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10/08/2017

Apple should integrate AML in iPhone for the safety of their customers

An open call from EENA.


Apple should integrate AML in iPhone for the safety of their customers
In June 2016, Google updated all Android smartphones in the world with Advanced Mobile Location (AML), a technology that allows emergency services to accurately locate a caller in danger. Fast forward a year later, the service has been activated in many countries with many lives saved as a result (see here).
 
In the past months, EENA has been travelling around Europe to raise awareness of AML in as many countries as possible. All these meetings brought up a recurring question that EENA had to reply to: “So, what about Apple?”. For months, EENA has tried to establish contact with Apple to work on a solution that automatically provides accurate location derived from iPhones to emergency services and rescuers. Unfortunately, with no result.
 
Emergency services themselves, as well as other stakeholders, are publicly stressing the need for Apple to work on AML. This is the case in Australia, Estonia, Sweden, and Belgium. Belgium announced the launch of AML for Android users on 13 July but indicated that iPhone users should download the “112BE” smartphone app since the service is not available to Apple customers.
 
Politicians have also stressed the need for AML to be available in all handsets. In an interview with EENA after her visit to the 112 Emergency Response Centre in Tallinn, Member of the European Parliament Kaja Kallas noted that “Currently, AML only works on Android devices. To increase the number of people who can benefit from it, we should make sure that it works on all smartphones.”.
 
EENA recognises the efforts of Apple to improve the safety of their customers. The SOS functionality of the Apple Watch can automatically send the location of a caller to a specified contact. Nevertheless, this functionality should be extended to mobile phones, and the location should be sent to emergency services and rescuers as well – the people who primarily need this information. Recent news about the “panic command” on iPhones, including a location function, is also a step in the right direction. But it is not sufficient: accurate location information should be sent during all emergency calls.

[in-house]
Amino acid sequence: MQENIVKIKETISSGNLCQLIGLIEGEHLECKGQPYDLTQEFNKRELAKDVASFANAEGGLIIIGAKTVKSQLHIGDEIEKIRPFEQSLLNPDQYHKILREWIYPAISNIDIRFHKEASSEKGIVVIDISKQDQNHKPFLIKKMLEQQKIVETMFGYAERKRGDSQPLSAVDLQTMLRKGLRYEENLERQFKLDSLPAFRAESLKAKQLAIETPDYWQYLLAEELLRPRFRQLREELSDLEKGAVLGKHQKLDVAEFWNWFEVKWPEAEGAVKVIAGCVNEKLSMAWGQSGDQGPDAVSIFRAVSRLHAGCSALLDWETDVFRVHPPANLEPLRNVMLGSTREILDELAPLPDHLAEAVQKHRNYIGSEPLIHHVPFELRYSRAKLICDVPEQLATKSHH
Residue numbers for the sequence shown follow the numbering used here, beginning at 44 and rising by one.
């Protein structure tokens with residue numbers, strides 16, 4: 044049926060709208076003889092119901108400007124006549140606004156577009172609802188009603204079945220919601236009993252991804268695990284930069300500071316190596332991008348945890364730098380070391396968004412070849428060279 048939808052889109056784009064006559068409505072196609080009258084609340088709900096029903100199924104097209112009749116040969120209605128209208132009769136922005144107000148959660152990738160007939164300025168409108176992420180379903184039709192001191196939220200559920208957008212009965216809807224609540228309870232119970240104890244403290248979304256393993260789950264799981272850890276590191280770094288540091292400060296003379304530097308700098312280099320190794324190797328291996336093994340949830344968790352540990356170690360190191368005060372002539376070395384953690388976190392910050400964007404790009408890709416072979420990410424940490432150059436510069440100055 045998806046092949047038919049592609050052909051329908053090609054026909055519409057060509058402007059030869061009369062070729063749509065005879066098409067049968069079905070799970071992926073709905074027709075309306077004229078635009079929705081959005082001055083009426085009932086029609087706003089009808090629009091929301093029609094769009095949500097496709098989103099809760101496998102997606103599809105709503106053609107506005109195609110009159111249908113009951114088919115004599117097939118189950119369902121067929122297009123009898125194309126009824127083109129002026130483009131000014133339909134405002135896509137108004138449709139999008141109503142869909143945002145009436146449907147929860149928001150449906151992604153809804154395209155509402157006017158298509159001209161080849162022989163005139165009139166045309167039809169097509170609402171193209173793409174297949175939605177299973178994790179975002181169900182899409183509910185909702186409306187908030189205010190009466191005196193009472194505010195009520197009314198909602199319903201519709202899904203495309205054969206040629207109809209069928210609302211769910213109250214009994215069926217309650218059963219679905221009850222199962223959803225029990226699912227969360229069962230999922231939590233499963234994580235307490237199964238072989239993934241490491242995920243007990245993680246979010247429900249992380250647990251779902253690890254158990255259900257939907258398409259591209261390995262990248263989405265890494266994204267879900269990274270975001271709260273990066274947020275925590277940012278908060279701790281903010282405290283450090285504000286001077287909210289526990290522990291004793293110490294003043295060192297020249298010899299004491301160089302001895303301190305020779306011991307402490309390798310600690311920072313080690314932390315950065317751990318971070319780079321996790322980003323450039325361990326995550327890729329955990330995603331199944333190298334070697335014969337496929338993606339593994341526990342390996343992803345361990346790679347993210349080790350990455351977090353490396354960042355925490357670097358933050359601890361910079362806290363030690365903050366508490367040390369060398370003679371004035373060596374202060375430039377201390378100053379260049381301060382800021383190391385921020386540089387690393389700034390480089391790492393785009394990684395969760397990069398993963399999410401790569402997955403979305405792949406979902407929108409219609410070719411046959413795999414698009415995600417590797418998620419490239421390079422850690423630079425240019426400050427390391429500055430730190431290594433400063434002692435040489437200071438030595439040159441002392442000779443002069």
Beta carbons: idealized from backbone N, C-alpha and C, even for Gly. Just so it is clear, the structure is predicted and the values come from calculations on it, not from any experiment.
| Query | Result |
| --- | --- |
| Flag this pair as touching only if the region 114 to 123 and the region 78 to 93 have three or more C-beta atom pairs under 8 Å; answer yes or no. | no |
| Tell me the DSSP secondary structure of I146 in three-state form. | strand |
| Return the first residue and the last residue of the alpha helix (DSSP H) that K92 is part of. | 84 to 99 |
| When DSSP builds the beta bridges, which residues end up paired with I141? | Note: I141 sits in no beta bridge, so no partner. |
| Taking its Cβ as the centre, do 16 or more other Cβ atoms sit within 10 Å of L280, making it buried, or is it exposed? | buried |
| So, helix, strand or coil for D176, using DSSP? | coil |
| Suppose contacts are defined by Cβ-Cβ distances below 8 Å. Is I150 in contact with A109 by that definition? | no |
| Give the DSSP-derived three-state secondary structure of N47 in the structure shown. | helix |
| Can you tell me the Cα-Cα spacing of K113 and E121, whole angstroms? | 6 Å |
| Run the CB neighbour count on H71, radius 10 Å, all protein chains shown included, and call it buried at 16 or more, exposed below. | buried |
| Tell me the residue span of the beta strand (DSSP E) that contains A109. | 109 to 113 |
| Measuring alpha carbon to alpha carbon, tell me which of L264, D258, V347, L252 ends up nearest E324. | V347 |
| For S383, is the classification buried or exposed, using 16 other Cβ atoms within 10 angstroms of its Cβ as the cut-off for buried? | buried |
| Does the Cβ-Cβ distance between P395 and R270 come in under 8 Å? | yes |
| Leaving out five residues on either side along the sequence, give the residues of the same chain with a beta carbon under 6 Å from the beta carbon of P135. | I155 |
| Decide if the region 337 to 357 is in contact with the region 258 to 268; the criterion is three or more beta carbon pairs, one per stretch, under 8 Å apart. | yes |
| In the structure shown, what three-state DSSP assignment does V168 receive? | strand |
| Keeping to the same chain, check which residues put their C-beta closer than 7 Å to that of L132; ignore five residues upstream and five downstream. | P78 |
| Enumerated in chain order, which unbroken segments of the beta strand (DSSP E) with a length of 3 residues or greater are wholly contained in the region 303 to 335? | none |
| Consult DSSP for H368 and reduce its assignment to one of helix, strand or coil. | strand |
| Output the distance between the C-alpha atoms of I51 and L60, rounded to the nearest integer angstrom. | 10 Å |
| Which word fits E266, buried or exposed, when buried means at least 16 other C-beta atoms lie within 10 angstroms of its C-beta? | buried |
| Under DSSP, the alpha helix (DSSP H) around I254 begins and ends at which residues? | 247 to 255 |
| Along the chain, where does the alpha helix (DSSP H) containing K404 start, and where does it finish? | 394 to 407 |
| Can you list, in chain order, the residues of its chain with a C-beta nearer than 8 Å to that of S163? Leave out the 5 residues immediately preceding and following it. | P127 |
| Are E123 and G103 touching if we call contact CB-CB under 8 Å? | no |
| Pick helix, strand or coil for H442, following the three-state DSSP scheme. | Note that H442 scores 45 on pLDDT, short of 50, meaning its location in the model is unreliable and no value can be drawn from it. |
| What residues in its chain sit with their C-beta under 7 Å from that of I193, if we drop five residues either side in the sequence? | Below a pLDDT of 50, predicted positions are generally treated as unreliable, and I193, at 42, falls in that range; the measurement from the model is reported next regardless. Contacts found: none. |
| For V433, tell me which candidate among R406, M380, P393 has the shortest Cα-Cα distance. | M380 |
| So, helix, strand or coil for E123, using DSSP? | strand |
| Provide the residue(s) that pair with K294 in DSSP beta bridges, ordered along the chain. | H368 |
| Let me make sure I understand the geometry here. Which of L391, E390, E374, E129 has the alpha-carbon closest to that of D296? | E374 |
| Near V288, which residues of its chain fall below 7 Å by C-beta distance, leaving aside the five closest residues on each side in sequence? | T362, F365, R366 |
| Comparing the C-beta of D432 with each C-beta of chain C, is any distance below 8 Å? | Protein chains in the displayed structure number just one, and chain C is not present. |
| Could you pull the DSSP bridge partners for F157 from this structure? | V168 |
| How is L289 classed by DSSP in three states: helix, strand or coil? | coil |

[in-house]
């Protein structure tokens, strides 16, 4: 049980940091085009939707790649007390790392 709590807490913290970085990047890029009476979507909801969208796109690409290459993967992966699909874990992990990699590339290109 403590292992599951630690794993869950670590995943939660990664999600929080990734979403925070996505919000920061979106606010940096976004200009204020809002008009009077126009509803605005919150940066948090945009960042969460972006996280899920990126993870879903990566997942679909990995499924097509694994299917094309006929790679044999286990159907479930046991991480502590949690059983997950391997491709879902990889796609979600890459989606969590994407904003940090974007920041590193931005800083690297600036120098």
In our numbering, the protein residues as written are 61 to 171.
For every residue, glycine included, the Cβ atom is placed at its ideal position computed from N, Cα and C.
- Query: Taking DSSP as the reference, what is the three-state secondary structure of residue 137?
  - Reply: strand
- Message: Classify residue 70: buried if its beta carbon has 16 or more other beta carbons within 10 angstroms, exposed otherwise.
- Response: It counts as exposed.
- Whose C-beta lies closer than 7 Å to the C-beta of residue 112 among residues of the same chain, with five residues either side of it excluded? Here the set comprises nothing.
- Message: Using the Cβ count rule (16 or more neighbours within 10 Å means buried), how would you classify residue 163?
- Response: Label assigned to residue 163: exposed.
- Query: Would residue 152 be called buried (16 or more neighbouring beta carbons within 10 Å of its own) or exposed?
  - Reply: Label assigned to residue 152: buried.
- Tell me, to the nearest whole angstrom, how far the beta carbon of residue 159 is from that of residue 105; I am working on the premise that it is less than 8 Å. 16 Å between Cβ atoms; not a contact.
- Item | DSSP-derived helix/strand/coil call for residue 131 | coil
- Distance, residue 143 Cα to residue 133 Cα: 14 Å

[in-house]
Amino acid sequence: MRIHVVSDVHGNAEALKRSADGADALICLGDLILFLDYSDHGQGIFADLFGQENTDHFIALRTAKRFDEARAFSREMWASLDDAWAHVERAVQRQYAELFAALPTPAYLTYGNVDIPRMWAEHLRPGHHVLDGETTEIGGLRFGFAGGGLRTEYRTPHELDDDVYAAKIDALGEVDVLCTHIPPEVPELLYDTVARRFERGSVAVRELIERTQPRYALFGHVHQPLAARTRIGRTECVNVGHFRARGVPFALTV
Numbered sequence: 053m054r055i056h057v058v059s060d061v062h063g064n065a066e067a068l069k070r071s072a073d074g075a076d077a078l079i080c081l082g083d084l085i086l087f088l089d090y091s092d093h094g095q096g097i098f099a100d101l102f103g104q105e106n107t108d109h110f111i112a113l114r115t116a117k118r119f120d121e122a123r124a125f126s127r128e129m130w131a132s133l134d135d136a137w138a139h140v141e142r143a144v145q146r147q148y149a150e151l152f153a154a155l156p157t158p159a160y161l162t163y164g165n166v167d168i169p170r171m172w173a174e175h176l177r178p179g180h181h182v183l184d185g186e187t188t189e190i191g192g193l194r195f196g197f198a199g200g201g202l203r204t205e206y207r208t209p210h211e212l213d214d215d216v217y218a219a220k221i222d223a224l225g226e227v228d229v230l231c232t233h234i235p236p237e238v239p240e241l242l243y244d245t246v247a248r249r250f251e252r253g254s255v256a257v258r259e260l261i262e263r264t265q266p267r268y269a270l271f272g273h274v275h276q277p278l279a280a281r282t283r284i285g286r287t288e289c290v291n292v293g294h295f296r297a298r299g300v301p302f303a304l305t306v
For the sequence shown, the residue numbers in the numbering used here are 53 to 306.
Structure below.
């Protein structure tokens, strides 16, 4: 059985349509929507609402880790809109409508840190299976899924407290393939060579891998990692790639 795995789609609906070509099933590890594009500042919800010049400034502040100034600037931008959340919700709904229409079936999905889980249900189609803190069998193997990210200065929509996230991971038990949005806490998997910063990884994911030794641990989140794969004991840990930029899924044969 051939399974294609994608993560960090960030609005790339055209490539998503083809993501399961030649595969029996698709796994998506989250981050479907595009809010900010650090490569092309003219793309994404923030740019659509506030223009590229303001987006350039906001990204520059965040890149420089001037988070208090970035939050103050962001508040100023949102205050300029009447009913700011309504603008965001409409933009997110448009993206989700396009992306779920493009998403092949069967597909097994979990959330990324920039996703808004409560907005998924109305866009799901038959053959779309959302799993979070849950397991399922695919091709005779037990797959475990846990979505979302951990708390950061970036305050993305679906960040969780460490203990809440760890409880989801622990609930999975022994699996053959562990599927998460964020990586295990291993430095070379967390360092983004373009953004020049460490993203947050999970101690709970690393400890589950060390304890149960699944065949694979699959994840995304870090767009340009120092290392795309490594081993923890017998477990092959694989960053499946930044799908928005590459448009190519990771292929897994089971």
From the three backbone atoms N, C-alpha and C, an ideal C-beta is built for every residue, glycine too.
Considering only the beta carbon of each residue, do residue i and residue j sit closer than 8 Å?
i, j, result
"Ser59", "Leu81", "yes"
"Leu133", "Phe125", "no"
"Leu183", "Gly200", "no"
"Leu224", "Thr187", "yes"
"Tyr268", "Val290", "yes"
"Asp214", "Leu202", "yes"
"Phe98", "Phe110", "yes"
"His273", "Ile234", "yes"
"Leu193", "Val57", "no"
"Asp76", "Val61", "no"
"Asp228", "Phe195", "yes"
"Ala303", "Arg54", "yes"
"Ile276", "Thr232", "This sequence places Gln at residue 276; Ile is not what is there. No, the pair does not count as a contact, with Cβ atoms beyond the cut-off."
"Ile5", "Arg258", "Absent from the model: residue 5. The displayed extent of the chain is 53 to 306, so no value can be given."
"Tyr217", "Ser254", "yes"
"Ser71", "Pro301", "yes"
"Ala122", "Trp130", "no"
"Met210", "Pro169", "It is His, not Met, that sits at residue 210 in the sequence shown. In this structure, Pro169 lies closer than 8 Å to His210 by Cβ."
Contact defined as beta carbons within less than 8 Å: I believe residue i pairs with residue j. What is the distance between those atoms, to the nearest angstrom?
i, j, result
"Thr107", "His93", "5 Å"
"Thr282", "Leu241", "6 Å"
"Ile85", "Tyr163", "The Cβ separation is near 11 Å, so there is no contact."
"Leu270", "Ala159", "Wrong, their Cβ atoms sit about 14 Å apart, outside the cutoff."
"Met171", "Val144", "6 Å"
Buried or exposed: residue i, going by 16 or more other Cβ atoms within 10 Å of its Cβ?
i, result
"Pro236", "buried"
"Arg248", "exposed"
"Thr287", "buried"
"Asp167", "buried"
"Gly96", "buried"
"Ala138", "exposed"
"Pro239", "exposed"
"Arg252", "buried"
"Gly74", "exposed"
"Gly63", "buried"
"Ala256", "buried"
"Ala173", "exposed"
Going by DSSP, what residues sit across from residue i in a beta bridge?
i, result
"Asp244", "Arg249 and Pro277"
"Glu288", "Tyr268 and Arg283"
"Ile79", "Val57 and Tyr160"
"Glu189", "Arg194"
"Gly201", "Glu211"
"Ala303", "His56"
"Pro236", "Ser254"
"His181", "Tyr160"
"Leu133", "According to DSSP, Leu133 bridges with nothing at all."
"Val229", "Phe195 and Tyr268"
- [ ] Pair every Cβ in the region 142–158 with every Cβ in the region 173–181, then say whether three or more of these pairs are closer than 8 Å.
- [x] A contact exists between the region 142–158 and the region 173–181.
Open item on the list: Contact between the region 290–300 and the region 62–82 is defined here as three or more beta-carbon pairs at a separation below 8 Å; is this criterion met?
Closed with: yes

As AML is being deployed in more and more countries, iPhone users are put in a disadvantage compared to Android users in the scenario that matters most: an emergency.
 
EENA calls on Apple to integrate Advanced Mobile Location in their smartphones for the safety of their customers. It is important to highlight once again that AML is an open-source protocol (see ETSI technical report here) and any smartphone manufacturer or operating system provider can integrate it in their products.
 
EENA remains at the disposal of Apple to work together on a solution that will concretely improve the safety of its customers.
 
Useful links:
  • About AML: here
  • AML Frequently Asked Questions: here
  • ETSI technical report on AML: here
  • Cases of people saved thanks to AML: here

 


 

EENA, the European Emergency Number Association, is a Brussels-based NGO set up in 1999 dedicated to promoting high-quality emergency services reached by the number 112 throughout the EU. EENA serves as a discussion platform for emergency services, public authorities, decision makers, researchers, associations and solution providers with a view to improving the emergency response in accordance with citizens' requirements. EENA is also promoting the establishment of an efficient system for alerting citizens about imminent or developing emergencies.

The EENA memberships include more than 1300 emergency services representatives from over 80 countries world-wide, 80 solution providers, 15 international associations/organisations, more than 200 Members of the European Parliament and over 90 researchers.